www.uniondemocrat.com…

obscuretrainmovies.wordpress.com…

Ratto Ranch was a setting for several famous Western films and TV shows, including “The Charge of the Light Brigade” starring Errol Flynn in 1936, “For Whom the Bell Tolls” with Gary Cooper and Ingrid Bergman in 1943, “High Noon” starring Cooper and Grace Kelly in 1952, and the TV series “Little House on the Prairie” in the 1970s-80s.

Hollywood in the 209

— Gentleman Tim

 

Easter at Mulholland

01 Apr

Happy Easter to All!

I’m not sure how many eggs Errol hunted for up at Mulholland, but, after the great singing-songwriting evangelist Stuart Hamblem made it ‘His Ole House’, he held a locally-legendary annual Easter egg hunt that included, “at its height”, hundreds of children. The lucky kid who found the golden egg (and his or her unlucky parents) won a kid goat! Here, from ‘Errol Flynn Slept Here’, is a fun account of those hunts, with a cool photo of Easter egg-hunting children by Errol’s old pool:

bit.ly/2EaPT3r…

bit.ly/2pT0GuU…

— Gentleman Tim

 

Sean

31 Mar

www.atimes.com…

— Gentleman Tim

 

Errol Takes a Dive

30 Mar

Shortly after Rooney goes goo-goo eyes over Jayne Mansfield.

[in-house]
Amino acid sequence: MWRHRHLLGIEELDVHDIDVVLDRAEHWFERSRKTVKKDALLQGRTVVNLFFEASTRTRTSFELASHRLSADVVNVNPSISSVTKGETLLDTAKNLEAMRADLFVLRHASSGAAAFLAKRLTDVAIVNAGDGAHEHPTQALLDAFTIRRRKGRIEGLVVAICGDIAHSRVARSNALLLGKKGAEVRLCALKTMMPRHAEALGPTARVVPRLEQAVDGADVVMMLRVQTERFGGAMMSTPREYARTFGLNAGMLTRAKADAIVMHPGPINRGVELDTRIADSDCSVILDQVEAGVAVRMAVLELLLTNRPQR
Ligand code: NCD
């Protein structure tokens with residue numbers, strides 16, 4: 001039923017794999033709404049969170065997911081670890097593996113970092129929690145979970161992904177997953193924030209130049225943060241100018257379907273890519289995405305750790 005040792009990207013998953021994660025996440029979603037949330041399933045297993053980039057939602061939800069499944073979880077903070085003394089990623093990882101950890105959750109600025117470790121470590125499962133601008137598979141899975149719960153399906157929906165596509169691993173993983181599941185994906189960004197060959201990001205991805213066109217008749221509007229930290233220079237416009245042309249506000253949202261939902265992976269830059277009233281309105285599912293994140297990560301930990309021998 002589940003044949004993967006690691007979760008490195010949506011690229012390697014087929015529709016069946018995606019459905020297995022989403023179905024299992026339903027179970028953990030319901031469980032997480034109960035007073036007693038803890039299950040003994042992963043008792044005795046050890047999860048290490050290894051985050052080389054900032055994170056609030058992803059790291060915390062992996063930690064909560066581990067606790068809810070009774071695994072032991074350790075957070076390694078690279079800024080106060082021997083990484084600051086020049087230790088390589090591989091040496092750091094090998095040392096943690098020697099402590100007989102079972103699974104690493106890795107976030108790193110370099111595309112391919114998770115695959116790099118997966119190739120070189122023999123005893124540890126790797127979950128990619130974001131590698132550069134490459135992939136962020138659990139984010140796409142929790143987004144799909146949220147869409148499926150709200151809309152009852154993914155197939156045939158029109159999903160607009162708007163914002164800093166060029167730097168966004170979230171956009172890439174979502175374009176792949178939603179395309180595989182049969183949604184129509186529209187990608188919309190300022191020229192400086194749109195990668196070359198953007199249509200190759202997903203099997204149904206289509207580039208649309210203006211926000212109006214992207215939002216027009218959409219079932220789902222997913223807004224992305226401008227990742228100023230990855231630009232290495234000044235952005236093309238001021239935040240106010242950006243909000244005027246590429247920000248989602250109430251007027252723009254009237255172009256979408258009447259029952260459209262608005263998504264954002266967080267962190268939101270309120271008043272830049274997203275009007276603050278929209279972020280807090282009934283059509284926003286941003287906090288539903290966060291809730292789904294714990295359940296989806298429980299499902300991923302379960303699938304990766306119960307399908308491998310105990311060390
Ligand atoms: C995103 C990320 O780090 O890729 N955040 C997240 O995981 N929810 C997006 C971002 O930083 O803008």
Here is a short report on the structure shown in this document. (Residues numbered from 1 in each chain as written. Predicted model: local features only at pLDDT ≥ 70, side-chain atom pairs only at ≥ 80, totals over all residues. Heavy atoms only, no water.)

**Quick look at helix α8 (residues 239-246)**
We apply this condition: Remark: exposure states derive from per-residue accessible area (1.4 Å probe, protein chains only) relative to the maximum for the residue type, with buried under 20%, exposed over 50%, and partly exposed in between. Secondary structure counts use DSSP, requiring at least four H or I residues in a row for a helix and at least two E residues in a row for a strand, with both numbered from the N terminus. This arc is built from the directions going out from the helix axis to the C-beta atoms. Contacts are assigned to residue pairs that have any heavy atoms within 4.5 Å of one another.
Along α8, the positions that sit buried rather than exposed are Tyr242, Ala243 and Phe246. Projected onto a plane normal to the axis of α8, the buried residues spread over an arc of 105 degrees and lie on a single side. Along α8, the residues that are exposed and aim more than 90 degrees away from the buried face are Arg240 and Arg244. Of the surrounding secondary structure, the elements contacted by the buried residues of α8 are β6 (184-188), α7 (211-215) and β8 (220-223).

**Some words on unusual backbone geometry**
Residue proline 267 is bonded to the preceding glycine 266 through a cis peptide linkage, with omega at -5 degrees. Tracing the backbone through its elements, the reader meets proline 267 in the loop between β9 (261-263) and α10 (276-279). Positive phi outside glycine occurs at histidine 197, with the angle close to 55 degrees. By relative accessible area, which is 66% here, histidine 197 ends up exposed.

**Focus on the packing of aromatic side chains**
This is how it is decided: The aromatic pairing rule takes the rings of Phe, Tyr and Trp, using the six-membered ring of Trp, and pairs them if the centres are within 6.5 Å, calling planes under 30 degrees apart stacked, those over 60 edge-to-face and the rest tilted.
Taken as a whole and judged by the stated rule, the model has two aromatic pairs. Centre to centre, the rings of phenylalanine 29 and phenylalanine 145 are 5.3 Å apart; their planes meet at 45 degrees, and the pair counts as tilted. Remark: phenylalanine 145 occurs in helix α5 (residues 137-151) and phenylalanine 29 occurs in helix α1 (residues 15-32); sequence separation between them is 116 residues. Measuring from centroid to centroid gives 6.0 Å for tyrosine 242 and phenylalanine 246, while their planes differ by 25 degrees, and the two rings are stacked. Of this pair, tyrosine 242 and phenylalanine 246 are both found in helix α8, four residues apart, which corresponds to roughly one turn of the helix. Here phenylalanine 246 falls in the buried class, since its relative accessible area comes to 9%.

www.oddballfilms.com…

— Gentleman Tim

 

The Ides of Flynn

15 Mar

Eighty-Five Years Ago Today (Sydney Time), on March 15, 1933, Errol Appeared Live AND On Film at the Prince Edward Theater in Sydney.

Errol was paid £2 to stand on stage in what he later described as a bad wig and bizarre naval uniform, appearing more like “an elderly keeper at a [Sydney brothel] than Fletcher Christian. The Ides of March ended bad for Caesar, but great for Flynn. It signaled the birth of Errol’s acting career.

A superb assembly of contemporaneous news articles by EFB Author “Isabel Australis”:

“In the wake of the bounty” 1933

An intriguing history with some Errol and errors:

books.google.com…

And here’s the cinematic Flynn himself, just as he appeared at the Prince Edward Theater, eighty-five years ago today, March 15, 1933 – On the Ides of Flynn:

— Gentleman Tim